13th February 2017
Japan to build world's largest floating solar power plant
In a joint venture, Kyocera Corporation and Century Tokyo Leasing Corporation have announced plans to start construction of the world's largest floating solar power plant, on the Yamakura Dam reservoir, managed by the Public Enterprises Agency of Chiba Prefecture in Japan for industrial water services.
The 13.7 megawatt (MW) plant will be managed by the Public Enterprises Agency of Chiba Prefecture for industrial water services. It is scheduled for launch during 2018 and will be comprised of approximately 51,000 Kyocera modules installed over a fresh water surface area of 180,000m². The project will generate an estimated 16,170 megawatt hours (MWh) per year – enough to power almost 5,000 typical households – while offsetting 8,170 tons of CO2 emissions annually. This is equal to 19,000 barrels of oil consumed.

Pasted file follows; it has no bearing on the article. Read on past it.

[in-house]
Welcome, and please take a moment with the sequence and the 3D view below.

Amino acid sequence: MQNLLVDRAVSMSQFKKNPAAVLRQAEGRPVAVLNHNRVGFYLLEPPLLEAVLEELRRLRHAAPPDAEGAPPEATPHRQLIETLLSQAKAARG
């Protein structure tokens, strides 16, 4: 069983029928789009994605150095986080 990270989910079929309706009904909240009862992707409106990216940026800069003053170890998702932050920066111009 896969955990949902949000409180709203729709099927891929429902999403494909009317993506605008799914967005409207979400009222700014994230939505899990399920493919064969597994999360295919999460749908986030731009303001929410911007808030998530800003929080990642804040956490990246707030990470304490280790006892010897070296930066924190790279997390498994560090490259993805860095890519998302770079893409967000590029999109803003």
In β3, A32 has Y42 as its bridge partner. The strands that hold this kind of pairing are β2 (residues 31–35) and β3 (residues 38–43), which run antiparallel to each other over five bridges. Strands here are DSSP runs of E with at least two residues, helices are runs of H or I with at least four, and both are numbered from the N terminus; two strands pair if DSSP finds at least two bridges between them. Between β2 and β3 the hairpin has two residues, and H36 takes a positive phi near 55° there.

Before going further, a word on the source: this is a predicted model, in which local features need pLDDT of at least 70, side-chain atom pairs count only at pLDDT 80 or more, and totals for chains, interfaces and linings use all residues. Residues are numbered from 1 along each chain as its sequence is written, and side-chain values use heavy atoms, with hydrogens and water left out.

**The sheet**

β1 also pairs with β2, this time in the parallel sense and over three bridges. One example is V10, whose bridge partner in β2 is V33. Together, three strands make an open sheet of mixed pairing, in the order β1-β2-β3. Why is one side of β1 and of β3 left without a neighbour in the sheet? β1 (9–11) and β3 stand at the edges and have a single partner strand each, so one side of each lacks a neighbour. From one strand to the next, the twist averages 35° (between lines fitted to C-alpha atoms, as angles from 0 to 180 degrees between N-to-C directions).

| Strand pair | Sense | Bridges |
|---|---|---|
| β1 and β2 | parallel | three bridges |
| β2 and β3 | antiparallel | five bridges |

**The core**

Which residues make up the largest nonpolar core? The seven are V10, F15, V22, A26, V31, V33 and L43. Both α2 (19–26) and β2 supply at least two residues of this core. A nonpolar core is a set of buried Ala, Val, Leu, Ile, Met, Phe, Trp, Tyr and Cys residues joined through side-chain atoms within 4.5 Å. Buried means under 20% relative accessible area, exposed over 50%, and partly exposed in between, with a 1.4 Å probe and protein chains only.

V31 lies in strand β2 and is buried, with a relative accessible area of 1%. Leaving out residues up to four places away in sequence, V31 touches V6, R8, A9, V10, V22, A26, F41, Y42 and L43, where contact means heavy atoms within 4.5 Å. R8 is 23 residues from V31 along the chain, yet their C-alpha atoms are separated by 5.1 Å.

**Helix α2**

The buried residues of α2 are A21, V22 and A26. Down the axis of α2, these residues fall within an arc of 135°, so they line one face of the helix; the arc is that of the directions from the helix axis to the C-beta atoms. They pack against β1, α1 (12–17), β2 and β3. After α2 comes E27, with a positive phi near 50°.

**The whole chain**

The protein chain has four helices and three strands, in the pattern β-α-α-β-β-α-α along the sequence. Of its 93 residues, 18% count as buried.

The project was initiated in October 2014, when the Public Enterprises Agency of Chiba Prefecture publicly sought companies to construct and operate a floating solar power plant to help reduce environmental impacts. With a decrease in tracts of land suitable for utility-scale solar power plants in Japan, Kyocera has been developing floating solar power plants since 2014, which utilise Japan's abundant water surfaces of reservoirs for agricultural and flood-control uses. The company began operation of 1.7MW and 1.2MW plants in March 2015, followed by the launch of a 2.3MW plant in June.
Like many other nations around the world, Japan is seeing rapid growth in deployment of solar energy. Based on current trends in generating capacity, the country has the potential to be almost 100% solar powered by 2040.
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